Given that the kernel highly priotizes I/O tasks, and if your underneath persistent storage device is slow (which is common if you have an external USB disk, or even an internal rotating magnetic disk), you end up blocking all your CPU cycles against the slow media. Which further leads to no available CPU cycles for your other desktop tasks. Hence, when you do I/O at such level, you find your desktop go terribly sluggish.

It is not that your CPU is slow or in-capable. It is just that all your CPU slices are blocked. Blocked waiting for your write() to report a completion.

So what exactly changed that we don't notice that problem any more ????

  1. RAM - Increase in RAM has led to more I/O be accommodated in cache. The best way to see this in action is to do a copy of a large file, something almost equivalent to the amount of RAM you have. But make sure it is less than the overall amount. For example, if you have 4 GiB of RAM, try copying a file of size 3.5 GiB in your graphical file manager. And at the same time, on the terminal, keep triggering the `sync` command. Check how long does it take for the `sync` to complete. By being able to cache large amount of data, the Linux kernel has been better at improving the overall performance in the eyes of the user.
  2. File System - But RAM is not alone. The file system has played a very important role too. Earlier, with ext3 file system, we had a commit interval of (5?) 30 seconds. That led to the above mentioned `sync` equivalent to get triggered every 30 secs. It was a safety measure to ensure, that at worst, you lose 30 secs worth of data. But it did hinder performance. With ext4, came delayed allocation. Delayed Allocation allowed the write() to return immediate while the data was in cache, and deferred the task of actual write() to the file system. This allowed for the allocator to find the best contiguous slot for the data to be written. Thus it improved the file system. It also brough corruption for some of the apps. :-)
  3. Solid State Drives - The file system and RAM alone aren't the sole factors that led to the drastic improvement in the overall experience of the Linux desktop. If you read through the bug report linked in this article, you'll find the core root cause to be slow persistent storage devices. Could the allocator have been improved (like Windows) to not be so pressing of the Linux desktop ? Maybe, yes. But that was a decision for the kernel devs and they believed (and believe) to keep those numbers to minimum. Thus for I/O, as for today, you have 3 schedulers and for CPU, just 1. What dramatically improved the overall Linux Desktop performance was the general availability of solid state devices. These device are real fast, which in effect made the write() calls return immediate, and did not block the CPU.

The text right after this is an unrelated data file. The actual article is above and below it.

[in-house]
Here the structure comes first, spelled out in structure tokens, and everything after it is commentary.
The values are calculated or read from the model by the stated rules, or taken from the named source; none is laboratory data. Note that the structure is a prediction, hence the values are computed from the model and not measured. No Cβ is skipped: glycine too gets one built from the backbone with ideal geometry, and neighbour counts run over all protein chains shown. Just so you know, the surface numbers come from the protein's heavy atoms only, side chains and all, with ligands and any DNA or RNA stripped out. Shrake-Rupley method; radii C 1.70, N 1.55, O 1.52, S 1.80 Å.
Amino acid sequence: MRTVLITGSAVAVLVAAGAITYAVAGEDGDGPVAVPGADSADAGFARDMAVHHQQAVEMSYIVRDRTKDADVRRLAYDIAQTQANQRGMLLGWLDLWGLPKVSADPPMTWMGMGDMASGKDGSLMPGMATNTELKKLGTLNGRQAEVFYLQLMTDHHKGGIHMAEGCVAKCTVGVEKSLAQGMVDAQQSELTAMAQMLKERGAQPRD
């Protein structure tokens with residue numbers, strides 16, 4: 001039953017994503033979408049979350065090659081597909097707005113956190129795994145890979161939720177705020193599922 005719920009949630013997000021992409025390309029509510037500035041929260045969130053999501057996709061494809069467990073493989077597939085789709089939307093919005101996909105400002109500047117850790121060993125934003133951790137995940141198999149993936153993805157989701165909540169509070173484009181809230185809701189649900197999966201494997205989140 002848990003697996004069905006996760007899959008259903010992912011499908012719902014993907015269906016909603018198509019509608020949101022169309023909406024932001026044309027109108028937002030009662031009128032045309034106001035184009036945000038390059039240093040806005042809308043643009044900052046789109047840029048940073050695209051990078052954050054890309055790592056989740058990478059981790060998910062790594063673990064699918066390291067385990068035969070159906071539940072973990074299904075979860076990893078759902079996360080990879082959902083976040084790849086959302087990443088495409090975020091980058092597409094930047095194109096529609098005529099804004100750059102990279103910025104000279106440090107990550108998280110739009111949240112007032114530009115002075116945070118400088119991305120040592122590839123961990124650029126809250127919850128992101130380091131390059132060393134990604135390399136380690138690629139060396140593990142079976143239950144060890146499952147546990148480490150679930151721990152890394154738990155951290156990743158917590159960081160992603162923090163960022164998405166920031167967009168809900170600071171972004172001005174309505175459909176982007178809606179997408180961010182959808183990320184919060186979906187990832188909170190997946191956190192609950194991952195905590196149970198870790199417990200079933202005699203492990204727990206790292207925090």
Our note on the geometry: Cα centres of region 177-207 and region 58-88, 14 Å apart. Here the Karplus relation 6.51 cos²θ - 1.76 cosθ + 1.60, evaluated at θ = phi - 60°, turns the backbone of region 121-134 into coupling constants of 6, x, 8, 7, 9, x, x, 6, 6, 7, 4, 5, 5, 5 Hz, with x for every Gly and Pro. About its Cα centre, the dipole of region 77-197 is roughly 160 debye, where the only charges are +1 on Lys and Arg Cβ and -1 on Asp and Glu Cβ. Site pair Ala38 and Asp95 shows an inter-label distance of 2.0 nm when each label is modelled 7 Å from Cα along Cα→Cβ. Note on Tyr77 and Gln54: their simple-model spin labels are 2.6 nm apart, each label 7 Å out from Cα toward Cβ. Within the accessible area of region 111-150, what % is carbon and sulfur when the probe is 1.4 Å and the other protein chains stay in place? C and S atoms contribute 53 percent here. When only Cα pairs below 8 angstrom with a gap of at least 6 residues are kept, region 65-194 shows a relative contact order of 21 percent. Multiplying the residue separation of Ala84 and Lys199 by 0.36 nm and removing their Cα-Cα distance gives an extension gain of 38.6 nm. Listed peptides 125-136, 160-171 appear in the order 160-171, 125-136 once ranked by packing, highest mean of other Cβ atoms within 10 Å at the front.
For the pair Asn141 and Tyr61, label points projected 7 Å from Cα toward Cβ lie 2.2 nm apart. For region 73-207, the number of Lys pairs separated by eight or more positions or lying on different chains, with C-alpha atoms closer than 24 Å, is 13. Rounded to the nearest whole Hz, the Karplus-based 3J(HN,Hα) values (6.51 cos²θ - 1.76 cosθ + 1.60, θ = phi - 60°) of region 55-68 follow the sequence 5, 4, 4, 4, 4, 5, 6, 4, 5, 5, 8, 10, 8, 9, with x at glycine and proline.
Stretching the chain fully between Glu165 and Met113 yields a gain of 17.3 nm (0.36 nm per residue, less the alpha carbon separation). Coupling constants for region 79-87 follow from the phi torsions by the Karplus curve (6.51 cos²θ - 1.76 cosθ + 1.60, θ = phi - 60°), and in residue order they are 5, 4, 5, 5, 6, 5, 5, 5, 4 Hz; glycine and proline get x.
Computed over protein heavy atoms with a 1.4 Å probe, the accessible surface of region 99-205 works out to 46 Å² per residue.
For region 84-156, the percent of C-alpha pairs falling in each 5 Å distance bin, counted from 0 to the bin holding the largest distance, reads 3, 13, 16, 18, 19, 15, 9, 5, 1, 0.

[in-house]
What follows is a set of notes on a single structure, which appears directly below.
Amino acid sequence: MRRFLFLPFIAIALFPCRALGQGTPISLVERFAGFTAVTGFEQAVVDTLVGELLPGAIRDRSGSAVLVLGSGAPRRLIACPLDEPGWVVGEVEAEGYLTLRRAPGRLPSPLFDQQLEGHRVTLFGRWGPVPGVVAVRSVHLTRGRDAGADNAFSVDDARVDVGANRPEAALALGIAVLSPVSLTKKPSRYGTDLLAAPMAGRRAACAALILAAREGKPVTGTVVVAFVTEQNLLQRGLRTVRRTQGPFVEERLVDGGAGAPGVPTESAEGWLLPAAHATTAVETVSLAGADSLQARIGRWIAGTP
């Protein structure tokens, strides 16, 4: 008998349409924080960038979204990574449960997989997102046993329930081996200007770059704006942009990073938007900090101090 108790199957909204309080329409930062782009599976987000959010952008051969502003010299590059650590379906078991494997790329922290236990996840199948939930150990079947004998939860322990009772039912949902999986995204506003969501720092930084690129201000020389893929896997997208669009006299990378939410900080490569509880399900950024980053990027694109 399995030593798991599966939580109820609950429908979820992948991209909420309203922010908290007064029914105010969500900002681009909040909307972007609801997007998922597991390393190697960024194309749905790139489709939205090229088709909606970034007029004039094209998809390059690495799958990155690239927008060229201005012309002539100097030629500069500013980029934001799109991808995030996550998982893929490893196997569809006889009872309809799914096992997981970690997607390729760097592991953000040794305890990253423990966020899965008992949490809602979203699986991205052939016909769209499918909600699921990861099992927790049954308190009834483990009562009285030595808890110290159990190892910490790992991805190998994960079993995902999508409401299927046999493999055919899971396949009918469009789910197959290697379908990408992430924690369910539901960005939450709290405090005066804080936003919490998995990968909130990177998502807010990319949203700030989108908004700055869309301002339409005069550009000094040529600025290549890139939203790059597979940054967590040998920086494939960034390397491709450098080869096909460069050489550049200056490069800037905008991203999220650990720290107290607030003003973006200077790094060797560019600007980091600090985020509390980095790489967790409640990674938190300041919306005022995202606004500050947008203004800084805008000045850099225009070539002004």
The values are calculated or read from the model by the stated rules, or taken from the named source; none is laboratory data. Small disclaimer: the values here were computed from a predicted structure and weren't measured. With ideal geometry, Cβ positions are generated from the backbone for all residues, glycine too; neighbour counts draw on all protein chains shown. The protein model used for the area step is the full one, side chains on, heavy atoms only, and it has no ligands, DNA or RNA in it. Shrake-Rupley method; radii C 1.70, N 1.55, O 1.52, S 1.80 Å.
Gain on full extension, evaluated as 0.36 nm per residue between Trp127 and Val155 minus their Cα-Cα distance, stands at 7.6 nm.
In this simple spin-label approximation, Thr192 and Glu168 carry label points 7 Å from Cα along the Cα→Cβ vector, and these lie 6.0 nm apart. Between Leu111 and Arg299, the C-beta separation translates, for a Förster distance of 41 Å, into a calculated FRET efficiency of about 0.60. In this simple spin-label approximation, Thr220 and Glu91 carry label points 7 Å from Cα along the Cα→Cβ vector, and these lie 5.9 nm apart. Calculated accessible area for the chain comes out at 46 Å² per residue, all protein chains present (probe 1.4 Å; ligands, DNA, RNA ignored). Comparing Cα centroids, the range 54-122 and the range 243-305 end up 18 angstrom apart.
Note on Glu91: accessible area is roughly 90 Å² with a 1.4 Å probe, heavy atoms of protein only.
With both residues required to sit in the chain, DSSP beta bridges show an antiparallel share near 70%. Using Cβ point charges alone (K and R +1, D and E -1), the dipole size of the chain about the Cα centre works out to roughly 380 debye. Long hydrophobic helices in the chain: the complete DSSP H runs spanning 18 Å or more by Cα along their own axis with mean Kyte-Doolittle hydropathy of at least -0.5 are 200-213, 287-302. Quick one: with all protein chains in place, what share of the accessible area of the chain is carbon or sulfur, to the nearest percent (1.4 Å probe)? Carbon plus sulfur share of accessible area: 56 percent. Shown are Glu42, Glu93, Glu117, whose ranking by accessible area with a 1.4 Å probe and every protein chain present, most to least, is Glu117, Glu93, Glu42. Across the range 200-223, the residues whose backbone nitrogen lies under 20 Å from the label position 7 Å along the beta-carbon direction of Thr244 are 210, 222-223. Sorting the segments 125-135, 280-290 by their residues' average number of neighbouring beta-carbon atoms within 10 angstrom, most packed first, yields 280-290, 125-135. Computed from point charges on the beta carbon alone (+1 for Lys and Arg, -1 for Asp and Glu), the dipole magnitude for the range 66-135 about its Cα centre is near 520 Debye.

So, it was the advancement in both hardware and software that led to better overall desktop performance. Does the above mentioned bug still exist ? Yes. Its just that it is much harder to trigger it now. You'll have to ensure that you max out your cache and trigger paging. And then try to do ask for some CPU cycles.

But it wasn't that back then we didn't use Linux on the desktop / laptop. It sure did suck more than, say, Windows. But hey, sometimes we have to eat our own dog food. Even then, there sure were some efforts to overcome the then limitations. The first and obvious one is the out-of-tree patchset. But ther were also some other efforts to improve the situation.

The first such effort, that I can recollect, was ulatency. With Linux adding support for Control Groups, there were multiple avenues open on how to tackle and tame the resource starvation problem. The crux of the problem was that Linux gave way too much priority to the I/O tasks. I still wish Linux has a profile mechanism, where in on the kernel command line, we could specify what profile should Linux boot into. Anyways, with ulatency, we saw improvements in the Linux Desktop experience. ulatency had in-built policies to whitelist / blacklist a set of profiles. For example, KDE was a profile. Thus, ulatency would club all KDE processes into a group and give that group a higher precedence to ensure that it had its fair share of CPU cycles.

Today, at almost the end of 2014, there are many more consumer of Linux's control groups. Prominent names would be: LXC and systemd.

ulatency has hardly seen much development in the last year. Probably it is time for systemd to take over.

systemd is expected to bring lots of features to the Linux world, thus bridging the (many) gap Linux has had on the desktop. It makes extensive use of Control Groups for a variety of (good) reasons, which has led it to be a linux-only product. I think it should have never marketed itself as the init daemon. It rather fits better when called as the System Management Daemon.

The path to Linux Desktop looks much brighter in 2015 and beyond thanks to all the advancements that have happened so far. The other important players, who should be thanked are Mobile and Low Latency products (Android, ChromeBook), whose engagement to productize Linux has led to better features overall.

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Lars Wirzenius: 'It Will Never Work in Theory' and software engineering research

Planet Debian - Fri, 26/12/2014 - 10:35

It Will Never Work in Theory is a web site that blogs, though slowly, of important research and findings about software development. It's one of the most interesting sites I've found recently, possibly for a long time.